Queensland taxi licence owners fear price drop as Uber gains traction
· ALEXANDRIA UTTING
· THE COURIER-MAIL
· APRIL 11, 2015 9:00AM
THE price of Brisbane taxi licences could fall by 20 per cent if Uber is allowed to gain further market traction, an academic warns.
Queensland University of Technology lecturer Nicolas Pontes said legalising ride-sharing services such as Uber and removing restrictions on the number of taxi licences issued would change Australia’s $5.5 billion taxi industry.
“We don’t know what exactly is going to happen in Brisbane but what happened in other places like New York in 2013 was that (licence prices) dropped about 70 per cent after uber started in the marketplace,” Dr Pontes said.
Dr Pontes, an advertising and consumer behaviour lecturer from QUT’s Business School, said licences in Victoria fell from $500,000 to $290,000 last year after the State Government removed restrictions on the number available.
“I don’t think that is the amount of (price) reduction we’re expecting in Brisbane, I’d say it’s about 20 per cent, but it depends if ride-share will be in the market.”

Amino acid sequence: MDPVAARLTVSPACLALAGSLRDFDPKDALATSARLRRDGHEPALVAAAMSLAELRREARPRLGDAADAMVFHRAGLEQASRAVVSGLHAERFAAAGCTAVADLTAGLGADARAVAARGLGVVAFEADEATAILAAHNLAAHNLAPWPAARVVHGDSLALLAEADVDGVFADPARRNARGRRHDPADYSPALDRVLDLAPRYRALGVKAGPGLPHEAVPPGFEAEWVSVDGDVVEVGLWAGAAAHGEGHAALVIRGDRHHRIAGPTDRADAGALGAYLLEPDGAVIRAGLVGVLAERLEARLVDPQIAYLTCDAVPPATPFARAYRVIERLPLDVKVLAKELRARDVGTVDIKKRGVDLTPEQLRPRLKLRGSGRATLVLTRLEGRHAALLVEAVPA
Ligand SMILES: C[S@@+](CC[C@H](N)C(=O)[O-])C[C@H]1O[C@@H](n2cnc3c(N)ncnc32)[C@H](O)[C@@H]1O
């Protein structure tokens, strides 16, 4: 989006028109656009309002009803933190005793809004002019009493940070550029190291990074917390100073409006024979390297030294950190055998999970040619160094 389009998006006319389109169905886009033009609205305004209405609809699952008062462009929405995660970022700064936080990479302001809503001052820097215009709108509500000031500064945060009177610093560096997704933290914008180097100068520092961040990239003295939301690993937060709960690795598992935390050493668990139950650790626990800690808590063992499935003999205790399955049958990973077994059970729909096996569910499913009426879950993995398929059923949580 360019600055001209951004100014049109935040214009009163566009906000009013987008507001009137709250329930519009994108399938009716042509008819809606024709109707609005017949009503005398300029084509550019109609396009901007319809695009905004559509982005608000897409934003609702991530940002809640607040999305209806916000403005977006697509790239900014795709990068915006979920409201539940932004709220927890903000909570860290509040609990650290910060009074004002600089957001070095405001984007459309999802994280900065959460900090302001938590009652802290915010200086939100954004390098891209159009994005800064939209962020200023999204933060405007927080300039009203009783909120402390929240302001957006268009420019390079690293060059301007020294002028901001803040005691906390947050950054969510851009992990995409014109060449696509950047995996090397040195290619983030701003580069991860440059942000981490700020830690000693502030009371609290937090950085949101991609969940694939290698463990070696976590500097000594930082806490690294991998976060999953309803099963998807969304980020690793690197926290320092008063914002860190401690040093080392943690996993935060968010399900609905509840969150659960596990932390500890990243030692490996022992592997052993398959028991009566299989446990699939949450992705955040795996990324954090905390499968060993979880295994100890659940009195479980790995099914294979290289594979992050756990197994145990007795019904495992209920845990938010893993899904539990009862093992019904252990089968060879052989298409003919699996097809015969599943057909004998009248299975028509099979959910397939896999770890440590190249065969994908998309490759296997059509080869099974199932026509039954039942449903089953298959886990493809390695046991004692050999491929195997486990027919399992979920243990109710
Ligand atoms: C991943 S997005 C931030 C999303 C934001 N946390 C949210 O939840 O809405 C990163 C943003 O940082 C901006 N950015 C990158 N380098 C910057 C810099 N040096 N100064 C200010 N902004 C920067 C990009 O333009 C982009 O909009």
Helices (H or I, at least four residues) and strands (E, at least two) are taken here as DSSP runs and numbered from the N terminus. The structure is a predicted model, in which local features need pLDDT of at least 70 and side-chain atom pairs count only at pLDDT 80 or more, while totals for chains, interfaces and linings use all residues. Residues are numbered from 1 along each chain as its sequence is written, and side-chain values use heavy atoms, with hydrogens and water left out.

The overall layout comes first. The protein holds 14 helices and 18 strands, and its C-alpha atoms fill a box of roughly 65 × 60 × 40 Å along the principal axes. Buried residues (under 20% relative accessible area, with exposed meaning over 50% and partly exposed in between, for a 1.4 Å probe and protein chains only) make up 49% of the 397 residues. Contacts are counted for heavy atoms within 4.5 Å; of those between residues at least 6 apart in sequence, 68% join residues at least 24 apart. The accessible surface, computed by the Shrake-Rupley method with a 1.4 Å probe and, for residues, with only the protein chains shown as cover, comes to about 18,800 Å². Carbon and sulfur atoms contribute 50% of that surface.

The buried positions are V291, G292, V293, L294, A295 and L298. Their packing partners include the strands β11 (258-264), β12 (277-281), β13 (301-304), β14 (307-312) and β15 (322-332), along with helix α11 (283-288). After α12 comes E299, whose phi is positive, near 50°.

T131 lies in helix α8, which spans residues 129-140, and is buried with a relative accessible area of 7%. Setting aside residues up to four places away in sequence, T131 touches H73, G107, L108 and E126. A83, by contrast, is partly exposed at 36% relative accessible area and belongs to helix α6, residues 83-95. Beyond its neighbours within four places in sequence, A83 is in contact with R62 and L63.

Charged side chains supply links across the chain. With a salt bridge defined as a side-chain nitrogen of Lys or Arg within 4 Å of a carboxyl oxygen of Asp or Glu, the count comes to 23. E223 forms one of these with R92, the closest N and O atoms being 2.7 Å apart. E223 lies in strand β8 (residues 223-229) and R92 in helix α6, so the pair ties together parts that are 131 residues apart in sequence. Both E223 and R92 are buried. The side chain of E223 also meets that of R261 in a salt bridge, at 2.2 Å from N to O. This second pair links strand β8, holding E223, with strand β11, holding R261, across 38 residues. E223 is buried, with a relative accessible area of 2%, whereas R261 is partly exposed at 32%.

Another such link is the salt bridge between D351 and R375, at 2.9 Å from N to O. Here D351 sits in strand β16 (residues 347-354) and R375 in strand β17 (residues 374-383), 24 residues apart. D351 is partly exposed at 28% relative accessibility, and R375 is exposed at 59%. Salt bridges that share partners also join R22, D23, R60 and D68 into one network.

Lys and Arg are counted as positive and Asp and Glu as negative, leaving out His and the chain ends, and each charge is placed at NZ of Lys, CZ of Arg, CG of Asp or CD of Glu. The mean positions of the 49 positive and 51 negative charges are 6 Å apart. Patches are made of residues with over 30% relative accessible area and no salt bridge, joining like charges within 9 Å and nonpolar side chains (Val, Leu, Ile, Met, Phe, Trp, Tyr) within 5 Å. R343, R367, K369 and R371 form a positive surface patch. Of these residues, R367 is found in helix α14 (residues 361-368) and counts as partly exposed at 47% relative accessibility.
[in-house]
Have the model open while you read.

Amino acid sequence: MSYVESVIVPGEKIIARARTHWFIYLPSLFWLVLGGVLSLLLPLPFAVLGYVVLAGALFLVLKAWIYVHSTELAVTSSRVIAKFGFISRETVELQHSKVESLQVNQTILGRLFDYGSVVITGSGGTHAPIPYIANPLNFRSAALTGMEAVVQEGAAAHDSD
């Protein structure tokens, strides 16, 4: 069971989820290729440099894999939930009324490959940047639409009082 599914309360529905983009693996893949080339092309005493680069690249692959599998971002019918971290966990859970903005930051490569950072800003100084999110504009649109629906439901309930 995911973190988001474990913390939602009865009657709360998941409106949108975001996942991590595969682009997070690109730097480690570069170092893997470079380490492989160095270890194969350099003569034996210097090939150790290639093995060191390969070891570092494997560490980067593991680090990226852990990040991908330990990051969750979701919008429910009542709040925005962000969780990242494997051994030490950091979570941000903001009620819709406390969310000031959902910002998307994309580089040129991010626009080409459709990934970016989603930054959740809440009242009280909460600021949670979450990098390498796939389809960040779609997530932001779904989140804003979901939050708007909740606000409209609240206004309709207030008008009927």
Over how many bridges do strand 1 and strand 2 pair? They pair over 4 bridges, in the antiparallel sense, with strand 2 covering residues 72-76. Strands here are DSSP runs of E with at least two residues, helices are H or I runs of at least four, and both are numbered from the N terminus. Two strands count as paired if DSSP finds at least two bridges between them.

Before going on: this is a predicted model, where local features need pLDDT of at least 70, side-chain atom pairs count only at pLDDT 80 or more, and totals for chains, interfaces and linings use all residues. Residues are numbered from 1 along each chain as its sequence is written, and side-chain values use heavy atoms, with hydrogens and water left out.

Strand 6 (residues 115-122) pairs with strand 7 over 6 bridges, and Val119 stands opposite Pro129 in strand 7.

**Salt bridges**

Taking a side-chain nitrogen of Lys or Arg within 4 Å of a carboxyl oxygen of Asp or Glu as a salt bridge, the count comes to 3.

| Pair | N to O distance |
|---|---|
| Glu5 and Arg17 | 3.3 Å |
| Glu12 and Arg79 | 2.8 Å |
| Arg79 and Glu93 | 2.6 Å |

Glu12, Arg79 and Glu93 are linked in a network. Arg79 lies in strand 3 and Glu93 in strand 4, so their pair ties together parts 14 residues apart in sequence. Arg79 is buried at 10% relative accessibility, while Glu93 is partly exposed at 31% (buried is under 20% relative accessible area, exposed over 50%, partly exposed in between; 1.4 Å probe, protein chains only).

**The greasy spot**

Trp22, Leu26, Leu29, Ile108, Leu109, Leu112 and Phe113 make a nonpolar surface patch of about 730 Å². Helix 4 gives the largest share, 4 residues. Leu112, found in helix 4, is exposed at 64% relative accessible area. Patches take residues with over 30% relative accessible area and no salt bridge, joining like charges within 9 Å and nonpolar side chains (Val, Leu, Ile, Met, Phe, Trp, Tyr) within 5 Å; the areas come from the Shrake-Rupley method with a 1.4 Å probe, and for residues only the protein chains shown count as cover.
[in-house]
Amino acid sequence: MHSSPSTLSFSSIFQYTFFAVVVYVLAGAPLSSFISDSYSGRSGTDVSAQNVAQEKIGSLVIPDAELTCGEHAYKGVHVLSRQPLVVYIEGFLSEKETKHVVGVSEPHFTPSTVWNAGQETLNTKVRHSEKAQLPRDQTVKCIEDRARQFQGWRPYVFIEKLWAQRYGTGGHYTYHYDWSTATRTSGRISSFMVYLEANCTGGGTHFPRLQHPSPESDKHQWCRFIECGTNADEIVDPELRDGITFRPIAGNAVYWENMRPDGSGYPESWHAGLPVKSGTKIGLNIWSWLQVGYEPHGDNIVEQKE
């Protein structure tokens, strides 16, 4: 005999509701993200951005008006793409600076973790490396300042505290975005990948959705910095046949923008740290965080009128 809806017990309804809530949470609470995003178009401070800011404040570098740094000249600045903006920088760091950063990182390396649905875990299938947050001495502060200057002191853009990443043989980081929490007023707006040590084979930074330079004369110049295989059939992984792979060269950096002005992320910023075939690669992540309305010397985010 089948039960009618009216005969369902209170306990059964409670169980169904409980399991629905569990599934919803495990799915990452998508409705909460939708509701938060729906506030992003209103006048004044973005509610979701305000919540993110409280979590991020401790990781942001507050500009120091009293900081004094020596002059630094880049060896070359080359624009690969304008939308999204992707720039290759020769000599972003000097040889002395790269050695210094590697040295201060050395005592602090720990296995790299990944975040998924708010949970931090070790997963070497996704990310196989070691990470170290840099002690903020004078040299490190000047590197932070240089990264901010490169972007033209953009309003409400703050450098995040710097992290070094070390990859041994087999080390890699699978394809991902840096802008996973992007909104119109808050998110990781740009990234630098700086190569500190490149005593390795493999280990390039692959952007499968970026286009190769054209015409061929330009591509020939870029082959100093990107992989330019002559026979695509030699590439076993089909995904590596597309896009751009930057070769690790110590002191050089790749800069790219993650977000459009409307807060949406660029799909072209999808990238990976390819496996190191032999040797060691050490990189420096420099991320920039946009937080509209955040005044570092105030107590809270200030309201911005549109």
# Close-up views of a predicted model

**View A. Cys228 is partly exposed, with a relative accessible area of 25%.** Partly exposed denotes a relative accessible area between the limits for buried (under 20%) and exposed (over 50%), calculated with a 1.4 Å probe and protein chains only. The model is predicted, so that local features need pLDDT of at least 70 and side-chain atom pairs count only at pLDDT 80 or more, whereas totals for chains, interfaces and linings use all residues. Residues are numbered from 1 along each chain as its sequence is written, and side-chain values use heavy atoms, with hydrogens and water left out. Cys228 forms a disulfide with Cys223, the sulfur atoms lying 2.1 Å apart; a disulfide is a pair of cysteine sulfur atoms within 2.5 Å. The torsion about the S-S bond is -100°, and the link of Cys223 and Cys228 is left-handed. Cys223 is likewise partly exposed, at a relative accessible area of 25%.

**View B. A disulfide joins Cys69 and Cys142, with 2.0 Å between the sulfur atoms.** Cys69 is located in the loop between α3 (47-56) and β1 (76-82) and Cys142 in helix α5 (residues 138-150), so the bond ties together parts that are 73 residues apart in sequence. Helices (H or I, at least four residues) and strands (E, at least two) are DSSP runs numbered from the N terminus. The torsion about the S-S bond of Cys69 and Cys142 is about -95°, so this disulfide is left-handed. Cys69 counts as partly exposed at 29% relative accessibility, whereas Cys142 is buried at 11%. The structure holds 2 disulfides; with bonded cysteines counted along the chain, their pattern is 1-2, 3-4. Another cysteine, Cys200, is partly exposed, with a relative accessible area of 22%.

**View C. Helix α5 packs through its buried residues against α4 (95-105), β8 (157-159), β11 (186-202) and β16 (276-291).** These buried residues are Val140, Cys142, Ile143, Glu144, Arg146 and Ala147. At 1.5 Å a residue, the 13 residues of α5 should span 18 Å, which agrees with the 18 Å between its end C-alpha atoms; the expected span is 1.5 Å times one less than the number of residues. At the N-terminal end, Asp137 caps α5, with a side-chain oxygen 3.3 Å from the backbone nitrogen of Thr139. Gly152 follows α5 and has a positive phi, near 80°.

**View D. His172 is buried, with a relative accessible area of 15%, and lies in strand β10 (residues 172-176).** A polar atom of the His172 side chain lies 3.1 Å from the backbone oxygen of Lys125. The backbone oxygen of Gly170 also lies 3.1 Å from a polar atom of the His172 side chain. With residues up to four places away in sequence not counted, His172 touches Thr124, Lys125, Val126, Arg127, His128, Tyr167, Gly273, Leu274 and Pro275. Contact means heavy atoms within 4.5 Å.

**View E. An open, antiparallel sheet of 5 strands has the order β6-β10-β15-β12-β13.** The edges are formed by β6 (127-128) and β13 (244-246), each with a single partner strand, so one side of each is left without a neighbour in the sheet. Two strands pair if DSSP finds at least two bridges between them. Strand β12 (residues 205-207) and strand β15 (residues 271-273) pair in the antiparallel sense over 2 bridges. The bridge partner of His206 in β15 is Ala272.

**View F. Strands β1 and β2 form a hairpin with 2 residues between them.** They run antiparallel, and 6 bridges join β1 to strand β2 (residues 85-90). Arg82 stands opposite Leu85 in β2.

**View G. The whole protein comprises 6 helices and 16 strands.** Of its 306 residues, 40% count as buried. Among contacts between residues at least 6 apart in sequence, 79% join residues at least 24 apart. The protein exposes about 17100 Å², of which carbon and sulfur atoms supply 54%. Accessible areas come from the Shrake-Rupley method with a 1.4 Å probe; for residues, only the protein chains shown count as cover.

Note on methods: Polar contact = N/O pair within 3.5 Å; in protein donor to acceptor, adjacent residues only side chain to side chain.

Australian Taxi Industry Association figures put the price of a new licence in Queensland metropolitan areas at $519,000 in 2014. However, many private sellers, who were unwilling to speak on the record for fear of being unable to on-sell plates, said they had received offers of no higher than $150,000 this year.
One licence holder said they were forced to lease their plates after being unable to onsell them.
IBISWorld Senior Industry Analyst, Stephen Gargano, said licences in Queensland were no longer a good buy in light of recommendations made by the Australian competition watchdog’s Harper Review.
“It would be an extremely risky investment, with a lot of questions over which way regulation will go,” he said.
However, Taxi Council Queensland CEO, Benjamin Wash, reassured licence holders. “I think they remain a good investment and, in light of the Harper Review, I don’t anticipate any change in the Queensland taxi industry because the Harper Review had a fairly narrow scope,” he said.
A spokesman for Deputy Premier and Minister for Transport Jackie Trad said any legislative change based on review recommendations would be considered once the Queensland Government Taxi Strategic Plan expired later this year.